Beauregard was literally thrown away when he was about three weeks old. He was found in a dumpster, then brought to the pet store where my daughter worked. He was thin and malnourished when we took him in, but he was so cute, who could resist? His life, as a result of having limited interaction in a litter, is full of “issues.”

His first seizure happened when he was about 20 months old. I have no way of proving what started them, but I think it was the use of artificial pheromones recommended by a rescue group as a way of quieting him down. For several days I didn’t recognize the seizures for what they were. At first, they always happened in the middle of the night, and by the time I would get to him the seizure was over and what I found was a very confused looking dog.  After about a week of late night visitations by the monster, Beau had a seizure in the early evening. At least, then, I knew what was plaguing him! After a night filled with eight Grand Mals complete with loud vocalization (very scary, indeed) in 10 hours, I took him to the vet and he was given Valium intravenously, and then sent him home with 64.8 mg. of Phenobarbital every twelve hours.

After I found the Guardian Angels website, I had Beau tested for hypothyroidism and found that he was, indeed, low. He now gets .35 mg. of soloxine every twelve hours. After reading the advice on the GA website, I also added Taurine and Melatonin to his diet, as well as vitamins and calcium. He gets the home-cooked Healthy Adult diet, as well as a little Wellness Super Mix kibble to add crunchiness and interest to his meals, as well as a snack before bedtime.  While on this regimen, he was seizure-free for one year and one week. He was off Melatonin for three weeks when I started work with the animal communicator, and I believe being off it was what triggered his seizure in mid-March of this year. He is back on the Melatonin now, and has not had any seizures since. 

I doubt that we will ever overcome all of Beau’s issues. Two trainers and an animal communicator concur that he is very resistant to change and fearful of new or unusual circumstances. Because he is of some sort of terrier lineage, he would rather argue than give in to anything. He behaves best in structured situations (he was an absolute star in obedience classes, but at home, not so much!). He adores being able to run free, ears flapping in the wind, when we are at the family farm. Even with much obedience work he doesn’t recognize the “come” command, so at the farm is the only time he is off-leash. Although I wasn’t anticipating being faced with something as time-consuming as this disease is at this point in my life, I just consider him my mid-life intellectual challenge! I wouldn’t wish the challenges of epilepsy or fear-aggression on anyone, but it is an interesting journey that we are on!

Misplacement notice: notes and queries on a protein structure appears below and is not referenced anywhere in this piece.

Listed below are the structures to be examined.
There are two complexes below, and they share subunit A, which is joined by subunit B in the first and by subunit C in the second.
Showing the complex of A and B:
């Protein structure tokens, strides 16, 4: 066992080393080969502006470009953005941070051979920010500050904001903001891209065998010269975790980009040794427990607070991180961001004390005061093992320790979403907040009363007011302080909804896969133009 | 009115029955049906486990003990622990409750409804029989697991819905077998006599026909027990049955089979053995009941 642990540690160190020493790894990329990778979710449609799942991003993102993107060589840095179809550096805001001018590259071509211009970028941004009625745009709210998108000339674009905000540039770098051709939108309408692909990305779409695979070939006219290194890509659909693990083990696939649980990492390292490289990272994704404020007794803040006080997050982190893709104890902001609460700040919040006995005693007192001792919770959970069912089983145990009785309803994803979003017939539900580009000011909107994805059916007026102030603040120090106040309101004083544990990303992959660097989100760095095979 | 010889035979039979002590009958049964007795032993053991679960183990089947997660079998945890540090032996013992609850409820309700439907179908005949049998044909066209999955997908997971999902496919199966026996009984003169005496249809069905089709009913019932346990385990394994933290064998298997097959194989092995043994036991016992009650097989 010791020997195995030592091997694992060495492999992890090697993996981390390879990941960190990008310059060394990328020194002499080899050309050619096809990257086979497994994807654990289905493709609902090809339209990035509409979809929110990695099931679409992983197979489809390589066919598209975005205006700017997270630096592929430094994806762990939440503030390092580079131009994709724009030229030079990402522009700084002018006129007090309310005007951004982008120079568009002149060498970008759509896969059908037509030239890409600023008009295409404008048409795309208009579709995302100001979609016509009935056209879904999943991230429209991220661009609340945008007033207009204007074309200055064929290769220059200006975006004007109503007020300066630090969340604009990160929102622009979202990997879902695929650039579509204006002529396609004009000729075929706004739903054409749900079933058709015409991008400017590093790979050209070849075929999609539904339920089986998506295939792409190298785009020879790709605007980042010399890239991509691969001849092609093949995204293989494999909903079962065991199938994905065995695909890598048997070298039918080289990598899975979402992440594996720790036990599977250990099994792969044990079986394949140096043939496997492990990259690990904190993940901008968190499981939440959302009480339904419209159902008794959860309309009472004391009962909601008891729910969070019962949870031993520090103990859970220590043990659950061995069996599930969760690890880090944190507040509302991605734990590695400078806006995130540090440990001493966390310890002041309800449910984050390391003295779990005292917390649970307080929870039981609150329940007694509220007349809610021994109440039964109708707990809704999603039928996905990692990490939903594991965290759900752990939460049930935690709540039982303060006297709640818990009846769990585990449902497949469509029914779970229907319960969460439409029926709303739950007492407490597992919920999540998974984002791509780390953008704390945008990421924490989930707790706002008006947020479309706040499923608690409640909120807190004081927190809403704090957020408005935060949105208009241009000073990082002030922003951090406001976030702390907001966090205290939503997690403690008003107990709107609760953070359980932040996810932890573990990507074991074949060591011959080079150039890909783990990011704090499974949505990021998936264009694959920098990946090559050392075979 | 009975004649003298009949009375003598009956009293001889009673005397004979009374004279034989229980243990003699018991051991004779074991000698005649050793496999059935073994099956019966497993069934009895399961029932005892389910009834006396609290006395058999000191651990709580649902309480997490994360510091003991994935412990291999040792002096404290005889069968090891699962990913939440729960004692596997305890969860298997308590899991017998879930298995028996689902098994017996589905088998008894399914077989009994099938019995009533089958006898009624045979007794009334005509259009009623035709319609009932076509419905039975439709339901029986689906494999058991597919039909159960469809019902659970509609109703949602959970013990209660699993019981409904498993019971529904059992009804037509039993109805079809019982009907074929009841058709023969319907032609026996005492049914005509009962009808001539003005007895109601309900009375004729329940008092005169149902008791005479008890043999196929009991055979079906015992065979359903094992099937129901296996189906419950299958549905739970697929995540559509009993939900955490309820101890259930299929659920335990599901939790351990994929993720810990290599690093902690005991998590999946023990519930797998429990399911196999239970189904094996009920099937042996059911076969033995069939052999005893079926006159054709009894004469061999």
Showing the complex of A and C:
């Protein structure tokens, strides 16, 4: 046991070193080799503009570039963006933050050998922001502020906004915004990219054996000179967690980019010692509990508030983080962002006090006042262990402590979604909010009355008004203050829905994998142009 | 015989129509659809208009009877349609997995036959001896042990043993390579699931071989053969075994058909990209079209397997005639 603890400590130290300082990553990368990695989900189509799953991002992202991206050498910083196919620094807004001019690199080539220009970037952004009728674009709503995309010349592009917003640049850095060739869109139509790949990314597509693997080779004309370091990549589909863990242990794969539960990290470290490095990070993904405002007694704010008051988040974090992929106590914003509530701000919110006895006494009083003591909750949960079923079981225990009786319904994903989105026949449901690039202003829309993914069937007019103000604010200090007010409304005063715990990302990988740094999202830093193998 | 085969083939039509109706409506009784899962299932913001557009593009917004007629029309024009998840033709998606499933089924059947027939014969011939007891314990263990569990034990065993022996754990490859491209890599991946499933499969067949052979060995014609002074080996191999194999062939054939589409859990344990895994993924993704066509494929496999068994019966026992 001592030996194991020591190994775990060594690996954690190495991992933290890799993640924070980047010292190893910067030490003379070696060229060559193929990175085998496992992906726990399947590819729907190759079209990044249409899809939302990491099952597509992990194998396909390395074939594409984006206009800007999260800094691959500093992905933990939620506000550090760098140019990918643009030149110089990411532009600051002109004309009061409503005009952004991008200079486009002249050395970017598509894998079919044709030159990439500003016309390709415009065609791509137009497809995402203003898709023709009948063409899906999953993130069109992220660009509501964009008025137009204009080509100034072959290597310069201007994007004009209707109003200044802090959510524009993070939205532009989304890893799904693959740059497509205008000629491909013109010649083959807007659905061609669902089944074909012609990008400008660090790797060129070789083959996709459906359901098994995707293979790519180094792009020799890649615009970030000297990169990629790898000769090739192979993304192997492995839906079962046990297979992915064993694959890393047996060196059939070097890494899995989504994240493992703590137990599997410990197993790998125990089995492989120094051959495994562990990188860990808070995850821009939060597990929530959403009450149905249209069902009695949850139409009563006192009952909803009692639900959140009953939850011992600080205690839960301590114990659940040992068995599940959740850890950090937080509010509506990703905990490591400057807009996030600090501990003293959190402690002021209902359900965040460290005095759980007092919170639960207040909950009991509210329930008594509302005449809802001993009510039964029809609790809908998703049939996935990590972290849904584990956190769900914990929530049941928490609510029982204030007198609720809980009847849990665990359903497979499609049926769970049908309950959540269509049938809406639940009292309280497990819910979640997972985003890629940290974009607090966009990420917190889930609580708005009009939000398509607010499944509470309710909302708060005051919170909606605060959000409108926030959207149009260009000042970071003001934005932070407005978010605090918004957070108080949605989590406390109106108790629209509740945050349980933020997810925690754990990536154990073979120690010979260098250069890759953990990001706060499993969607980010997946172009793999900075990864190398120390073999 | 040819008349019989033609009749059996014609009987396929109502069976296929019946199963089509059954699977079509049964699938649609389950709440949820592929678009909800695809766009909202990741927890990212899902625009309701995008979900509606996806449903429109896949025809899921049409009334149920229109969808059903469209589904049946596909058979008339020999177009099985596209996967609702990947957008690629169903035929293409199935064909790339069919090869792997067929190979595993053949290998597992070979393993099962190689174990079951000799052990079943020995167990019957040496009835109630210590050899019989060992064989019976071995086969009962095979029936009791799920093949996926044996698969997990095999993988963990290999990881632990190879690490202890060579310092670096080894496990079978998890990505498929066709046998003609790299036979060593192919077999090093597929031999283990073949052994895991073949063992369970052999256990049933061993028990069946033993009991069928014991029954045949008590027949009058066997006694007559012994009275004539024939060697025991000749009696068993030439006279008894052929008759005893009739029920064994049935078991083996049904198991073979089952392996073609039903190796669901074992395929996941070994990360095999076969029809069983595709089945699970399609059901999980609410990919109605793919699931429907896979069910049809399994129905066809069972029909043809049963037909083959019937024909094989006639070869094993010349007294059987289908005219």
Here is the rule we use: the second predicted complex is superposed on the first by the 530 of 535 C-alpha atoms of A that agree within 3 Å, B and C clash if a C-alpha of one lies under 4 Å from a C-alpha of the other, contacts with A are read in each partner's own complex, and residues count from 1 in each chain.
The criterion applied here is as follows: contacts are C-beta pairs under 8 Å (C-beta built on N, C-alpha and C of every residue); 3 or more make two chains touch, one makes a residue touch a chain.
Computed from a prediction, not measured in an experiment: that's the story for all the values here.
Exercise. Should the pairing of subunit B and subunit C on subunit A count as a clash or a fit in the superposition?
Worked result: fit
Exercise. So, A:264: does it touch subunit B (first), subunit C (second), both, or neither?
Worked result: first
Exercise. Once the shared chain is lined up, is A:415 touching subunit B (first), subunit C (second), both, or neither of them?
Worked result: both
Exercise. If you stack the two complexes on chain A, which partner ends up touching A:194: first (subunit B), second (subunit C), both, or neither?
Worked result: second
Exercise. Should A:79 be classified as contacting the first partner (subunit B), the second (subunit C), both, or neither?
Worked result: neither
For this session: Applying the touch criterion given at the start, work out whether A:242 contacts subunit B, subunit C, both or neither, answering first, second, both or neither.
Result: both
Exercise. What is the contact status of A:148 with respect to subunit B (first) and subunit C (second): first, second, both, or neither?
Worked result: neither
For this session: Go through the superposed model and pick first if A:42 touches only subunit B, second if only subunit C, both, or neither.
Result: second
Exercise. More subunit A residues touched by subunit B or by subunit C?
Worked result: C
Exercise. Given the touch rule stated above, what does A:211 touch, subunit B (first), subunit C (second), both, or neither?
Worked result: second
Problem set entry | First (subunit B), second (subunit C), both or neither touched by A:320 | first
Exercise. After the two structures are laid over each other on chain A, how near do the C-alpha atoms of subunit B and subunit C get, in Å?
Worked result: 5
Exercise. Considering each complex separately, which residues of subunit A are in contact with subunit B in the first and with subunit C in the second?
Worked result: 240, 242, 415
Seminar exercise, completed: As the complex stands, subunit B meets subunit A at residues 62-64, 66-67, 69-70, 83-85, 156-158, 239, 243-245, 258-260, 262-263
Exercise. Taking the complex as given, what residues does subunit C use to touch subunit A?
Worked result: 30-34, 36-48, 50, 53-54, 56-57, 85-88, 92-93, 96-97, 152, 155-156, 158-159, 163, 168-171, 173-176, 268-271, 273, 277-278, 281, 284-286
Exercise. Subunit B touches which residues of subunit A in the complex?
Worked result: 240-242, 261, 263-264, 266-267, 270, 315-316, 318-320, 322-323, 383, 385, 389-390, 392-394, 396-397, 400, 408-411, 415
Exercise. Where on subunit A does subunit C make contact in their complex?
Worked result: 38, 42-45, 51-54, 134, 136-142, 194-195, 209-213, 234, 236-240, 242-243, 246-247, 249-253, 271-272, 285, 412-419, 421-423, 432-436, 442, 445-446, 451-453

John and Edison: When I first saw Edison (My St Bernard) he was a puppy listed on a breeder’s website. I called the breeder up and said that he was my new dog she laughed and said “Okay but when you get here if you want a different puppy that is fine”. After an 11 hour drive we arrived at the breeder’s house. I sat down with all the puppies and they were all so cute, but when I got up to go see the parents of these puppies there was one little guy that followed me everywhere. It was the puppy I had told her was mine (Edison). 

Edison was born on April 5th 2001. He was diagnosed at eight months of age with severe hip dysplasia, front leg alignment problems and a severe case of Panoceitis (a very painful bone disease common in larger dogs). His first seizure came on August 14th 2003. He had them every two weeks almost to the minute after that. Until September 11th 2003 when he had his first cluster he had six grand mals in one day and ended up spending the night in the emergency hospital. After some changes in his diet we managed to slow the seizures down to once a month. On April 9th 2004 I was awaken at 4 am to a loud boom. It was his head slamming against the wall in the midst of a severe seizure. He continued to have 3 more grand mals in the next 10 minutes. After calling the vet they said to bring him in asap. Well Edison went into another grand mal in the car and ended up stuck under the front seat of my car, before we could even get out of the garage. Somehow the poor guy let me get him out of the car before he went into another cluster of three grand mals.

While trying to get him out from under the seat I was on the phone searching for a mobile vet. I had found one and he was on his way. When the vet arrived he used valium to stop the cluster. I was told however that due to the severity if his seizures that he would probably be dead by the age of five.

Edison had changed my life for the better in so many ways I decided I was not going to let that happen. He has taught me so many things about life, like determination, forgiveness and unconditional love that I could have never learned anywhere else.

That is when I found the Guardian Angels. The knowledge and dedication of this group is priceless.  Aside from the knowledge, the overwhelming support and just family like atmosphere of this group has been one of the best things that has ever happened to me. The Angels are honestly the most dedicated group of individuals I have ever met, they truly care about our epi-pups and I will be forever indebted to them for the help and support they have provided me for Edison.

Currently Edison is fed IVD Potato and Duck formula mixed with a home cooked diet of  ground round, string beans and zucchini. His medications are 150 mg Phenobarbital twice a day, 500 mg Taurine once a day and .8 mg of Soloxine twice a day for his hypothyroid.